Last week, in the course of my daily folk art search on Etsy, I stumbled upon something exciting: something better than old needlework, more interesting than your typical duck sculpture. This was a cache of the most amazing rings I’d ever laid eyes upon, and there had to be a story behind them.
I wrote to the shop owner, Constance, in the hopes of finding out more info. The story just got better. In fact, it went back over seventy years, to the days when the rings’ handy creator, Bob Dodd, was a sailor. According to Constance:
Bob said that when he started as a sailor in 1937, making rings from celluloid was a crafty thing to do, but few people made more than one or two because the process was so time consuming and labor intensive. Each of these intricate rings was made by hand — without the use of molds or melting — by cutting up raw materials such as old celluloid toothbrushes, hand mirrors, vanity trays, combs, piano keys, guitar picks, umbrella handles, pocket knife handles, accordion pieces. (Bob said he once even used a piece from the windshield of a helicopter or small plane.) These pieces are then filed, pieced together, and filed again. This process can take a master craftsman a day or more to complete.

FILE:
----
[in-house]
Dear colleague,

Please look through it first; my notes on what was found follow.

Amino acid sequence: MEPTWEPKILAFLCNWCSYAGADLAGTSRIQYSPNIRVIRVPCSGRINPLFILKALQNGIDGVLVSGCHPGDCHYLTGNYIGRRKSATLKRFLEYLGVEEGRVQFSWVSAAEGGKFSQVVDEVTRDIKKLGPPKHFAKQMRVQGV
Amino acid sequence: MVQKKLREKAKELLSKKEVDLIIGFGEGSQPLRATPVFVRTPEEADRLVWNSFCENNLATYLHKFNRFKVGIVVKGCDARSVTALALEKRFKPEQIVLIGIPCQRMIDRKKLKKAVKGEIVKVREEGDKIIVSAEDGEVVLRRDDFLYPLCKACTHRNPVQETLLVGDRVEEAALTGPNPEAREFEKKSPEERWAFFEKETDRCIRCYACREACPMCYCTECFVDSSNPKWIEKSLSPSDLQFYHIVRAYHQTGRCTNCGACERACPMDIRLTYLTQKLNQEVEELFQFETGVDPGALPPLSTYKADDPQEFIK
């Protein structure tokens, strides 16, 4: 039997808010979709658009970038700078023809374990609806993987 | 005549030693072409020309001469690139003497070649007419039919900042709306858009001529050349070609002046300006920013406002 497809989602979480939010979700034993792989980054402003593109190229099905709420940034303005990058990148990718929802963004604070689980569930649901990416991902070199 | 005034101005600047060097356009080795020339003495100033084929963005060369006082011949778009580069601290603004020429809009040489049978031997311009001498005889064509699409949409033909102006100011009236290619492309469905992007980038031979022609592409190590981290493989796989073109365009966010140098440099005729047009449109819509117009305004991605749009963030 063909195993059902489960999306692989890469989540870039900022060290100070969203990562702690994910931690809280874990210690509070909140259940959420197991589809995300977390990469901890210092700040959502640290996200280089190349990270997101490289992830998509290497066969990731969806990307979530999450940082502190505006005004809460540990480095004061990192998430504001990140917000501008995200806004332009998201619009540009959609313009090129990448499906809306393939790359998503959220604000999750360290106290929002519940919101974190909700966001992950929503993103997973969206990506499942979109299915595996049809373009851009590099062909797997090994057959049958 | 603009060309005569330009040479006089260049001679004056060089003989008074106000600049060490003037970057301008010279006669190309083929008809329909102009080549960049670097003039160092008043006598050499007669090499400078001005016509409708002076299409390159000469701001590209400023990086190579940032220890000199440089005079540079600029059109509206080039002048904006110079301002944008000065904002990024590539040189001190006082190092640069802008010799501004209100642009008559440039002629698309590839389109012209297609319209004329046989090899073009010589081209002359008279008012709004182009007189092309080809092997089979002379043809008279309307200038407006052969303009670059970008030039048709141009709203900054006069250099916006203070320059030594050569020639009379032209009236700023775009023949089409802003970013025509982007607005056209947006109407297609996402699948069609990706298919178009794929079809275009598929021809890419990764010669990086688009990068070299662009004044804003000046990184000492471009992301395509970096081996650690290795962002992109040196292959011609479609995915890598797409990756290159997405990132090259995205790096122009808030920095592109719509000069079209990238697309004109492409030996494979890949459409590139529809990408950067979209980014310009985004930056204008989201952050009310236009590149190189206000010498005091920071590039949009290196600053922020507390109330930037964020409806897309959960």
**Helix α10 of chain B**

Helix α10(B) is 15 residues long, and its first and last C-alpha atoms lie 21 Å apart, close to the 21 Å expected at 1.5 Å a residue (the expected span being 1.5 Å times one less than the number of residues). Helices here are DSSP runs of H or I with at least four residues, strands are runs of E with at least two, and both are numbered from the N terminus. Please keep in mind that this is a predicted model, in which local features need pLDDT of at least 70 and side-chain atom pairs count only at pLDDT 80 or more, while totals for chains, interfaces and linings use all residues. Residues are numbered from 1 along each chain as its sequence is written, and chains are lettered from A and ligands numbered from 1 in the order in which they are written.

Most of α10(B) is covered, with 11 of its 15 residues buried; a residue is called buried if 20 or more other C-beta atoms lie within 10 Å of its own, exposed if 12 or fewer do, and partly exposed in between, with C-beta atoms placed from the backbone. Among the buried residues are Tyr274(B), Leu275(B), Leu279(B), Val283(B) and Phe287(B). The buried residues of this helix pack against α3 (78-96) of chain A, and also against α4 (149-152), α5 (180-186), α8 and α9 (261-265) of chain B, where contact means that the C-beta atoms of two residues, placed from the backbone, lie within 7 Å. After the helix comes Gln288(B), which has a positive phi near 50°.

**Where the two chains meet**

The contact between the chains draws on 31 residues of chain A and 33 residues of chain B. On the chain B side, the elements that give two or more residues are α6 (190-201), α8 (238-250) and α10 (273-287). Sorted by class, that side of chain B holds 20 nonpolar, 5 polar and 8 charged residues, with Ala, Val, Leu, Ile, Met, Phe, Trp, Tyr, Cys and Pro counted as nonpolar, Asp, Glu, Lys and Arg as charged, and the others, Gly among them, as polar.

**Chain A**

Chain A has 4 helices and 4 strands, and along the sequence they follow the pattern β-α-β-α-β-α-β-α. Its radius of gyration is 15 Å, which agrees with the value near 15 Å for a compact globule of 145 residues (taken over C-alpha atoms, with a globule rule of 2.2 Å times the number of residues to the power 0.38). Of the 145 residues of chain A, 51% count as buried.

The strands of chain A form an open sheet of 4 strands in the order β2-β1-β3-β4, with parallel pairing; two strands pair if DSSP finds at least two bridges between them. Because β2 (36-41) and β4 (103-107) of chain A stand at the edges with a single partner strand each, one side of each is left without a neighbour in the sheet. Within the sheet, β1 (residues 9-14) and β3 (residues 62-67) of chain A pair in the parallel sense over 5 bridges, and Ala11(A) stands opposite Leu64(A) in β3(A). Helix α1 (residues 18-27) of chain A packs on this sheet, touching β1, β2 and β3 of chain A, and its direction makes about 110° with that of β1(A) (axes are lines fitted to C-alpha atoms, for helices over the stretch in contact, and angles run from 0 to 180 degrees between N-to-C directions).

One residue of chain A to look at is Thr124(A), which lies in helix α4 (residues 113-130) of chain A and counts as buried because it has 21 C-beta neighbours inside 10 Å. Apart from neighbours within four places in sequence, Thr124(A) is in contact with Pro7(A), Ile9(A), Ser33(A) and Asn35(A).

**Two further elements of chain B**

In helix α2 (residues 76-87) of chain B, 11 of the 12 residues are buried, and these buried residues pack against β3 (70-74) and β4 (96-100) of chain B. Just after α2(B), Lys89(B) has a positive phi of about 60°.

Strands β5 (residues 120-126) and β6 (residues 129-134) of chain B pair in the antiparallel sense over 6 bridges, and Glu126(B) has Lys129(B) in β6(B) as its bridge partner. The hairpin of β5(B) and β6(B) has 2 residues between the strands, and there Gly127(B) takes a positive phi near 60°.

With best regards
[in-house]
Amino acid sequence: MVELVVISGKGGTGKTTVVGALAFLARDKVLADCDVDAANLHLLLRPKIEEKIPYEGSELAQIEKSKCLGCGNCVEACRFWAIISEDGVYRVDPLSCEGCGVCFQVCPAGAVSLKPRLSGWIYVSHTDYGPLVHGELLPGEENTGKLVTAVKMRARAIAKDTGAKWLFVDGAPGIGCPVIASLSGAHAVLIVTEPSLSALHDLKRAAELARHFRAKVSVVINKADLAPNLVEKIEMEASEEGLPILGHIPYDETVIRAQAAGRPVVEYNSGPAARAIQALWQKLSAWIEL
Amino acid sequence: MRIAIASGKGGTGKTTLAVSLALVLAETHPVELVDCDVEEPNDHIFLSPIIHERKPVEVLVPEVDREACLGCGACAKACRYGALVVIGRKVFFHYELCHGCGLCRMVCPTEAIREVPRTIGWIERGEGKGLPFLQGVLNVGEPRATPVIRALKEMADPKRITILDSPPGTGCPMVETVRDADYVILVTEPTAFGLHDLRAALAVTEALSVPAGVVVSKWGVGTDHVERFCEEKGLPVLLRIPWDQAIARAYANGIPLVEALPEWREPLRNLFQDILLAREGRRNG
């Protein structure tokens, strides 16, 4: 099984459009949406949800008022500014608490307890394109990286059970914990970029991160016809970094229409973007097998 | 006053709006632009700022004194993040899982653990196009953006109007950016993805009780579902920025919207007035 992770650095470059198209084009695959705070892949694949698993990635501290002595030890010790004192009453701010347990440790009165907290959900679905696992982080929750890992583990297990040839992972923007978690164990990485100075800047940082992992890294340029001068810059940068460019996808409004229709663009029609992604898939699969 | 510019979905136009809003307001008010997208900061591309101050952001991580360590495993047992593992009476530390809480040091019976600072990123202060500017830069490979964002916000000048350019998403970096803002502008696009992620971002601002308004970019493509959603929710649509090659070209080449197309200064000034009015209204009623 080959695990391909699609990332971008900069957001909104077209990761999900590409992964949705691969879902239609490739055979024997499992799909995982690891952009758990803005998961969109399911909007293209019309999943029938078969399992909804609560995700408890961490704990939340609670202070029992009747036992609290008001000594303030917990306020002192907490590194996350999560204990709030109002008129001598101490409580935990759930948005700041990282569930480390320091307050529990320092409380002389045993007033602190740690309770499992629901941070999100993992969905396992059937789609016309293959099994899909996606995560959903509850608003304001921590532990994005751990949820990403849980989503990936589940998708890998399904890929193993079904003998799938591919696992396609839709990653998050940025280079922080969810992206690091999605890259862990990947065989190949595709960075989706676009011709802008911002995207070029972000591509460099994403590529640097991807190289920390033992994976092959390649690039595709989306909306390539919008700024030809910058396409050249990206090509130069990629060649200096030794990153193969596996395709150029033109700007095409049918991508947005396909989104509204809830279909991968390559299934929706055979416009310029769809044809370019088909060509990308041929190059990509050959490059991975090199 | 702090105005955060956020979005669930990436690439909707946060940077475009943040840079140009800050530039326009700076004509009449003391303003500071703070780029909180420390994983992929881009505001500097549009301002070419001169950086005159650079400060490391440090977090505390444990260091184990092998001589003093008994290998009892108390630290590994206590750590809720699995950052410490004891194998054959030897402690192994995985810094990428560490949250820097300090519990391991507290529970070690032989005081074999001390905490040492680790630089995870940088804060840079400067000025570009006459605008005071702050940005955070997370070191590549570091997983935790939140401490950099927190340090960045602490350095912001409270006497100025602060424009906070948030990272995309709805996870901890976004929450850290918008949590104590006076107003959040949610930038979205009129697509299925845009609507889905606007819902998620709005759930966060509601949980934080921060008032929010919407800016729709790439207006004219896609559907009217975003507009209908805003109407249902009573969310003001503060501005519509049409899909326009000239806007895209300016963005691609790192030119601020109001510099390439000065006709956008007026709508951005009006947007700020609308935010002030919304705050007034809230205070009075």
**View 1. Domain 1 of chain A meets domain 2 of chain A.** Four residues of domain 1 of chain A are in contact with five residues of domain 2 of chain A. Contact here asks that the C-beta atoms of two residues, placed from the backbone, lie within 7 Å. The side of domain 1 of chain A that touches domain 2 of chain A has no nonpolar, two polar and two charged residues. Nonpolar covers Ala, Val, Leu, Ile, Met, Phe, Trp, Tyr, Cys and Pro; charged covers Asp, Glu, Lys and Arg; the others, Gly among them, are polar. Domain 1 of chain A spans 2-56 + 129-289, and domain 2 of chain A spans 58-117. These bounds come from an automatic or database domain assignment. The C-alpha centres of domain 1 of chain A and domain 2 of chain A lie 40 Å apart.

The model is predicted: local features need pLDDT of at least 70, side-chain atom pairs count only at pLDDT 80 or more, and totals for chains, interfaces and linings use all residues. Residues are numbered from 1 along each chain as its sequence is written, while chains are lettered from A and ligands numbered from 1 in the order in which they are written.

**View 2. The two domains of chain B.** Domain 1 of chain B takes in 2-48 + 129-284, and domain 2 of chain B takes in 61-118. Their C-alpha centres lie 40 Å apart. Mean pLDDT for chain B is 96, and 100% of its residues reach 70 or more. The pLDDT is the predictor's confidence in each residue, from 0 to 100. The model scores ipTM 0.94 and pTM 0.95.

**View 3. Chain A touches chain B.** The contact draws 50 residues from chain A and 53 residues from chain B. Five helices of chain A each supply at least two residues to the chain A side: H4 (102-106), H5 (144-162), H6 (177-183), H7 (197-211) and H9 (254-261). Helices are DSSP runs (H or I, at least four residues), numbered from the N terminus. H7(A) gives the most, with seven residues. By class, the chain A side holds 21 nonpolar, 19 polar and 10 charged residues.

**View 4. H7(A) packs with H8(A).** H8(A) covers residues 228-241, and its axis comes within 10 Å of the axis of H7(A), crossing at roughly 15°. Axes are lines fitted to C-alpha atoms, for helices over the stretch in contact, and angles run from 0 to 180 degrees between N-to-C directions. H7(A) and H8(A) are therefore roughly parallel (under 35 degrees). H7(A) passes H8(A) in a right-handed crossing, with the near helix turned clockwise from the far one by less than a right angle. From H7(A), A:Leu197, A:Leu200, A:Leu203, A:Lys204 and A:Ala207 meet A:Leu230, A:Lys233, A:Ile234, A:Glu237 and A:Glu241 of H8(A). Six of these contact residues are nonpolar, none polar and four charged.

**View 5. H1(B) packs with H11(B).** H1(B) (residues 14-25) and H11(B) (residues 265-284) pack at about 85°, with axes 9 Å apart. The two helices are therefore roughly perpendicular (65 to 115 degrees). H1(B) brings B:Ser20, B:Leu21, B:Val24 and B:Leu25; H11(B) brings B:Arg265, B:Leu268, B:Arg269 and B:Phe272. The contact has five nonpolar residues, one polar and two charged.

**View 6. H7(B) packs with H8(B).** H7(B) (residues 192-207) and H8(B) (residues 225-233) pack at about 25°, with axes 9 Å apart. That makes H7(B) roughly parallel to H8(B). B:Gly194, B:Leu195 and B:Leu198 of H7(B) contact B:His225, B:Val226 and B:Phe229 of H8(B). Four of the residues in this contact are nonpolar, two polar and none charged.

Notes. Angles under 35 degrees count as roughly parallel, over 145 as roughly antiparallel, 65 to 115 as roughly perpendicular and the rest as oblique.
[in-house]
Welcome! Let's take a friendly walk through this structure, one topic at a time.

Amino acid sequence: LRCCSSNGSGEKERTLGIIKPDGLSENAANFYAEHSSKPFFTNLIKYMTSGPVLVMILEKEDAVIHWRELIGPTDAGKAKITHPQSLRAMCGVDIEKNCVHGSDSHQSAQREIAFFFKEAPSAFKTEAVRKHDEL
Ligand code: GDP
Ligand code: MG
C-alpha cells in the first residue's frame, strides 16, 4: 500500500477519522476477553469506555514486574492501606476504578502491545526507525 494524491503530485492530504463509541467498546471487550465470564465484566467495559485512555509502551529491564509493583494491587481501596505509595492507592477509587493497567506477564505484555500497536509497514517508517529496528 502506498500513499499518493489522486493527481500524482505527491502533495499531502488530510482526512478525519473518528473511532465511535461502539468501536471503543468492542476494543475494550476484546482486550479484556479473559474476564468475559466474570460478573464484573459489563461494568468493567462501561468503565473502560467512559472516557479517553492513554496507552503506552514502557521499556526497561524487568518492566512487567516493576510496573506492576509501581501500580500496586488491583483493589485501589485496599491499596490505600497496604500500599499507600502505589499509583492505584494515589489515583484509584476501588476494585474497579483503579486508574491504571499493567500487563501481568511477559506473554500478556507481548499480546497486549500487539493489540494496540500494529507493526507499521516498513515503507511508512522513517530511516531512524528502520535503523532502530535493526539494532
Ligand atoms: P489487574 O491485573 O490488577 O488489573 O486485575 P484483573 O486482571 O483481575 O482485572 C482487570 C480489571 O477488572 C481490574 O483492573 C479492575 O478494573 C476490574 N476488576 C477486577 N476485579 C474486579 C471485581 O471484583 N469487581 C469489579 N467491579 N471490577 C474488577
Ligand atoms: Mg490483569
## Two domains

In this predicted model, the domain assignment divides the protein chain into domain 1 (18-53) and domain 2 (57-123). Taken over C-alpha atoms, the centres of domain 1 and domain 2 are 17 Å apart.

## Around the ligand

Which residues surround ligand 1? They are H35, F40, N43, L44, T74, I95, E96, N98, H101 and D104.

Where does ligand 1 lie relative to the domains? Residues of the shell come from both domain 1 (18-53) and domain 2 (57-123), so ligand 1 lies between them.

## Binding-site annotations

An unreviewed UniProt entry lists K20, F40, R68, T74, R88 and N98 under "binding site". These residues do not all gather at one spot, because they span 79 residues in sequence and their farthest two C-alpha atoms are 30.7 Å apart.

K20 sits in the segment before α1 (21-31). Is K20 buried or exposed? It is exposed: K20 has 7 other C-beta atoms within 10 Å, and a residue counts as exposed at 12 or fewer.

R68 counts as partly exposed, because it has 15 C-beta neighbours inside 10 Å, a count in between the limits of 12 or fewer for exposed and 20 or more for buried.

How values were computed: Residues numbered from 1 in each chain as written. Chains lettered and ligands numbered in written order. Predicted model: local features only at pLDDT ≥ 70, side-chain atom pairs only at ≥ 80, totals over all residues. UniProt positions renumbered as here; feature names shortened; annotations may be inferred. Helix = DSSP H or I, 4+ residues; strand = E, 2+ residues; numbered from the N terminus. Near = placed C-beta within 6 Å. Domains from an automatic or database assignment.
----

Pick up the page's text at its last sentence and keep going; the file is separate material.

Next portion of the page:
Today Constance is selling a portion of her collection of Bob’s rings, in the hopes of funding efforts to make them herself. Bob was a true folk art hero, and I can only hope to own one of these elaborate pieces someday.